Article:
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MSU Cinema International presents "Transit" This Week

Transit film poster
MSU Cinema International presents "Transit" on Thursday, February 24th, and Saturday, February 26th.

This week, Murray State's Cinema International program presents the German 2018 film Transit, directed by Christian Petzold. Tracy Ross speaks with program director Dr. Thérèse St. Paul and German professor Dr. Roxane Riegler about the upcoming screenings.

From the MSU Cinema International website:

"Past and present merge in this alluring puzzle from Christian Petzold, which follows Georg, a German refugee from fascism who flees to Marseille and assumes the identity of the dead writer whose transit papers he is carrying. Georg falls for Marie, the wife of the dead man whose identity he has stolen.

Adapted from Anna Segher's 1944 novel, Transit shifts the original story to the present, blurring periods to create a timeless exploration of the plight of displaced people."

St. Paul and Riegler agree that there is an overarching feeling of waiting in Transit. "They're not getting anywhere," Riegler elaborates. A somewhat unsettling, anachronistic backdrop emphasizes this feeling of waywardness.

"It's shot in today's Marseille, France. When you look at the police, they have their police gear and anti-terror gear. But the people are from the '40s," Riegler explains. "So, they're dressed in rather neutral clothes. They could be 21st-century, but also the '40s in Marseille. There are no cell phones, no laptops, so it is a little strange. That makes it very alluring. I think there's a reason behind it that [Petzold] wanted to point out—the situation of the refugees now."

Transit not only tells the parable of the exiled; it also highlights transformations within relationships. These transformations highlight persistent problems pertaining to immigrants and refugees over the past 80 years.

One character does not speak, which Riegler explains is a metaphor. "We don't listen to refugees. We actually close our eyes when it comes to their fate. We had a lot of empathy for Jewish immigrants and communist immigrants in the '40s, but nowadays, when you hear about refugees, they don't speak. They're speechless."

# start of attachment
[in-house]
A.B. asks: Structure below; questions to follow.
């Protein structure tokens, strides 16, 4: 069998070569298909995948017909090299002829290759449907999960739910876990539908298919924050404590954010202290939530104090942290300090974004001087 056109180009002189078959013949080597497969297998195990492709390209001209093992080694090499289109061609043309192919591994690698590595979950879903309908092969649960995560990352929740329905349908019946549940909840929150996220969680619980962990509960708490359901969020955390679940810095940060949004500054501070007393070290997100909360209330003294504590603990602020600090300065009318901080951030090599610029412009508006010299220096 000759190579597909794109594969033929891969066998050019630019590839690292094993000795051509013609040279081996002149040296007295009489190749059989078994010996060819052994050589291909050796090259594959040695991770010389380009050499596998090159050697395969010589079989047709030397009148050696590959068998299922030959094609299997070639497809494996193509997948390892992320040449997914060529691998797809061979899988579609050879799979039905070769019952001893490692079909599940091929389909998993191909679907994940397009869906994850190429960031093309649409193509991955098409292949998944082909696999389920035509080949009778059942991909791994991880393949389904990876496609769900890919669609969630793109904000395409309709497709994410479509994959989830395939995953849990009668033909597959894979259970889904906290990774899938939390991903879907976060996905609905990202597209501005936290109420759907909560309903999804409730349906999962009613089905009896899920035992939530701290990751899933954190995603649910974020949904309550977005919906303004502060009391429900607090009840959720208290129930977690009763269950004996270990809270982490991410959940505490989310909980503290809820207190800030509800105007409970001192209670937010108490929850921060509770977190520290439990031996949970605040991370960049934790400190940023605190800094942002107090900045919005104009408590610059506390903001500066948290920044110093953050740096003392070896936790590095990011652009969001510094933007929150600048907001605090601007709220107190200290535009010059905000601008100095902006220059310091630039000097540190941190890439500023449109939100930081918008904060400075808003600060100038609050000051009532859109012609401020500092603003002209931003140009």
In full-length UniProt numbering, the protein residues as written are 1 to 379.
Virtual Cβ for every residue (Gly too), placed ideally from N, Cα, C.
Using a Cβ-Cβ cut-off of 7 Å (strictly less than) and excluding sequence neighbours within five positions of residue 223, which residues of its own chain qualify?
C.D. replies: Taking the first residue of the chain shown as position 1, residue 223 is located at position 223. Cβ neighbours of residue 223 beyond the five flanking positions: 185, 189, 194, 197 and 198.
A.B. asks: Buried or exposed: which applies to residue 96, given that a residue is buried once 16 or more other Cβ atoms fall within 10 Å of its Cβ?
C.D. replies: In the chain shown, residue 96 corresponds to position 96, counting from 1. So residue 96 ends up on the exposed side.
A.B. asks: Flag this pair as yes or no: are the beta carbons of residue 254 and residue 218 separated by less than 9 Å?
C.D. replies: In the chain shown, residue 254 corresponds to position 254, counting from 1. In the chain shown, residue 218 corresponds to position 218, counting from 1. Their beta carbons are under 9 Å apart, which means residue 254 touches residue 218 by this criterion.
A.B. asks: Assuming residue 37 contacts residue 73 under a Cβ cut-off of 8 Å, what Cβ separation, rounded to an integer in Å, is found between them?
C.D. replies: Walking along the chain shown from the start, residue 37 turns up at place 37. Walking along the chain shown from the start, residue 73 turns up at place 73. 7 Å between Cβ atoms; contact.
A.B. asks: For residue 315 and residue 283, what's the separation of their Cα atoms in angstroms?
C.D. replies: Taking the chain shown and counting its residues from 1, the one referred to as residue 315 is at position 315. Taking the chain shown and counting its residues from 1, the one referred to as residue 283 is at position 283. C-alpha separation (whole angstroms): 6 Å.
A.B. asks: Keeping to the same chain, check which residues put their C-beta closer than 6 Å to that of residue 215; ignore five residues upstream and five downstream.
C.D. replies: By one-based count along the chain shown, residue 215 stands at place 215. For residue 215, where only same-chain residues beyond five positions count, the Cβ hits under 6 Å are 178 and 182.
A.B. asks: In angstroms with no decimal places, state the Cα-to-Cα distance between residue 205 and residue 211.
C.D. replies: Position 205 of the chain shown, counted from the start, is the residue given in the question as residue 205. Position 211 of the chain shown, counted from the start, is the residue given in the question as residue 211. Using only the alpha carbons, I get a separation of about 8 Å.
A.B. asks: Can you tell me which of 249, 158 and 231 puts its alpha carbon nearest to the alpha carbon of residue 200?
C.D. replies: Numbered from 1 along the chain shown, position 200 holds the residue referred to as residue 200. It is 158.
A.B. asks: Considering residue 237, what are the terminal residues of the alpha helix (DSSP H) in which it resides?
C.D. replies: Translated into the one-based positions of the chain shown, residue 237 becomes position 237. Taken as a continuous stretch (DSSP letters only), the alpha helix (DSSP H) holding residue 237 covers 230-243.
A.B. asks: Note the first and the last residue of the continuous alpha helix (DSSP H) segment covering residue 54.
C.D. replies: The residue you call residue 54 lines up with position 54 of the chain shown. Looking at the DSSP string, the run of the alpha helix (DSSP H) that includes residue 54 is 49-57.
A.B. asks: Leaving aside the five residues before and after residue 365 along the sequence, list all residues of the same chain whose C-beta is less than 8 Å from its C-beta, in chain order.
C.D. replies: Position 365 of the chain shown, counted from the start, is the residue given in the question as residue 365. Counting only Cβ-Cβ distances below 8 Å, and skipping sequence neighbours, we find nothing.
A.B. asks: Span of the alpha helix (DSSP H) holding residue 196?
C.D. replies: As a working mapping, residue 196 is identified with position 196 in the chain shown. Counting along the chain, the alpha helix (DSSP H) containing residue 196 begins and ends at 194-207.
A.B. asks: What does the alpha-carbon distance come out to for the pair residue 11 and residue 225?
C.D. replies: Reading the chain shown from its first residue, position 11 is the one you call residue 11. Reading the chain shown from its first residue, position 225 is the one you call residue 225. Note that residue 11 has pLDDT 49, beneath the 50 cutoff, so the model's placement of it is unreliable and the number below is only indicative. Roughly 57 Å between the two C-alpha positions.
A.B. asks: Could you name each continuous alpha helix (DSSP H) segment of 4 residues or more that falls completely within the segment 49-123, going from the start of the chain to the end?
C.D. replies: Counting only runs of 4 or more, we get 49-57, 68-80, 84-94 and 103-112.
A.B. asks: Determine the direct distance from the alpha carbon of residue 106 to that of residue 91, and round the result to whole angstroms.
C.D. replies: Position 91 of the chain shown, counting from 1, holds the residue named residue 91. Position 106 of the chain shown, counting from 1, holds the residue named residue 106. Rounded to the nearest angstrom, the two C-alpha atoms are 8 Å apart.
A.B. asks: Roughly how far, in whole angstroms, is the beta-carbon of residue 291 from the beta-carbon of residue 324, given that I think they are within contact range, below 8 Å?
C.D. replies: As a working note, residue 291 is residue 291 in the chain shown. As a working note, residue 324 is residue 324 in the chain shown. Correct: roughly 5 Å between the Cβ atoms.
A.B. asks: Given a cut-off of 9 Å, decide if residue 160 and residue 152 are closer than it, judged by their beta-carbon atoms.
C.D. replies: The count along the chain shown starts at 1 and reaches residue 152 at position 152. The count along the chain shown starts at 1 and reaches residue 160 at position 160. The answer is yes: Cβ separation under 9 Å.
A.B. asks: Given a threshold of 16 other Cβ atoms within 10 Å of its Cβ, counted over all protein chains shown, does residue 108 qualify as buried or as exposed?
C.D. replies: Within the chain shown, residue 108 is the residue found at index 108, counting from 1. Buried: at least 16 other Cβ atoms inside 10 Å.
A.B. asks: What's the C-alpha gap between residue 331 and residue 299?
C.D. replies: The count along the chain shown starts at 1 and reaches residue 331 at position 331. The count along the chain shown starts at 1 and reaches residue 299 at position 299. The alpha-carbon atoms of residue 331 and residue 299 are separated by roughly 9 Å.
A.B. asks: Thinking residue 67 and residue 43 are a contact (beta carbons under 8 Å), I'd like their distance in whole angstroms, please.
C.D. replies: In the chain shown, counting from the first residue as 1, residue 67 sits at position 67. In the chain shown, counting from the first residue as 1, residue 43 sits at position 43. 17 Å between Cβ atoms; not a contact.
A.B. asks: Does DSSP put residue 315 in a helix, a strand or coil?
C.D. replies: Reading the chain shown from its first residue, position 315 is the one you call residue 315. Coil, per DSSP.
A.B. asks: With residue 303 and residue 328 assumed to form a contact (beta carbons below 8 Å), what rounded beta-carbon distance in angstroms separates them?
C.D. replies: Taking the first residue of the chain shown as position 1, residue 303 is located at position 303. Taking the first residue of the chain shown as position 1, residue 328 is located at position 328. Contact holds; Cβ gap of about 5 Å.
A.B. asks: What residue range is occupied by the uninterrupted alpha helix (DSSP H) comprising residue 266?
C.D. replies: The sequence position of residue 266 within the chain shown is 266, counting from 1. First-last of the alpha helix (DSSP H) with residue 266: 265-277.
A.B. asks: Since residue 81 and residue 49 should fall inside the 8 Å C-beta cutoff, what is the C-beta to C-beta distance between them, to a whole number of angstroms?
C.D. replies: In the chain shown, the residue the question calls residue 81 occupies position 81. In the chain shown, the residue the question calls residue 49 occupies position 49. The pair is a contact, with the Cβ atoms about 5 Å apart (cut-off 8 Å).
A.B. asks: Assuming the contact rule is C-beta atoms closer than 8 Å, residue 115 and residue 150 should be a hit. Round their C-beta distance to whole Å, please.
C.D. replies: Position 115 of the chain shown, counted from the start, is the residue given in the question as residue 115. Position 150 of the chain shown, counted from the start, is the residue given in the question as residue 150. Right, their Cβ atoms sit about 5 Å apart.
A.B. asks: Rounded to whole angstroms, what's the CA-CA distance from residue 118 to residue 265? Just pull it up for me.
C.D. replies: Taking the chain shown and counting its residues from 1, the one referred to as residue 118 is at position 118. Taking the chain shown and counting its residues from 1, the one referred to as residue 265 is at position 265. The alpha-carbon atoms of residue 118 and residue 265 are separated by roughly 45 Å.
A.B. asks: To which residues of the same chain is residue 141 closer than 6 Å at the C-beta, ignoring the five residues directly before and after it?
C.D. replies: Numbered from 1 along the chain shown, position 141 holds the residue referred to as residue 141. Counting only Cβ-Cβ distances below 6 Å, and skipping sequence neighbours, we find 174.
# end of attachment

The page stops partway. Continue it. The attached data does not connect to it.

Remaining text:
St. Paul repeats Petzold's commentary on his film's characters: "They're borderline phantoms, between life and death, yesterday and tomorrow."

MSU Cinema International presents Transit on Thursday, February 24th, and Saturday, February 26th. Both screenings are at 7:30 p.m. on the third floor of the Curris Center on Murray State's main campus. Screenings are free and open to the general public. Masks are required.

For more information on the MSU Cinema International program, visit its website.

Tracy started working for WKMS in 1994 while attending Murray State University. After receiving his Bachelors and Masters degrees from MSU he was hired as Operations/Web/Sports Director in 2000. Tracy hosted All Things Considered from 2004-2012 and has served as host/producer of several music shows including Cafe Jazz, and Jazz Horizons. In 2001, Tracy revived Beyond The Edge, a legacy alternative music program that had been on hiatus for several years. Tracy was named Program Director in 2011 and created the midday music and conversation program Sounds Good in 2012 which he hosts Monday-Thursday. Tracy lives in Murray with his wife, son and daughter.
Melanie Davis-McAfee graduated from Murray State University in 2018 with a BA in Music Business. She has been working for WKMS as a Music and Operations Assistant since 2017. Melanie hosts the late-night alternative show Alien Lanes, Fridays at 11 pm with co-host Tim Peyton. She also produces Rick Nance's Kitchen Sink and Datebook and writes Sounds Good stories for the web.
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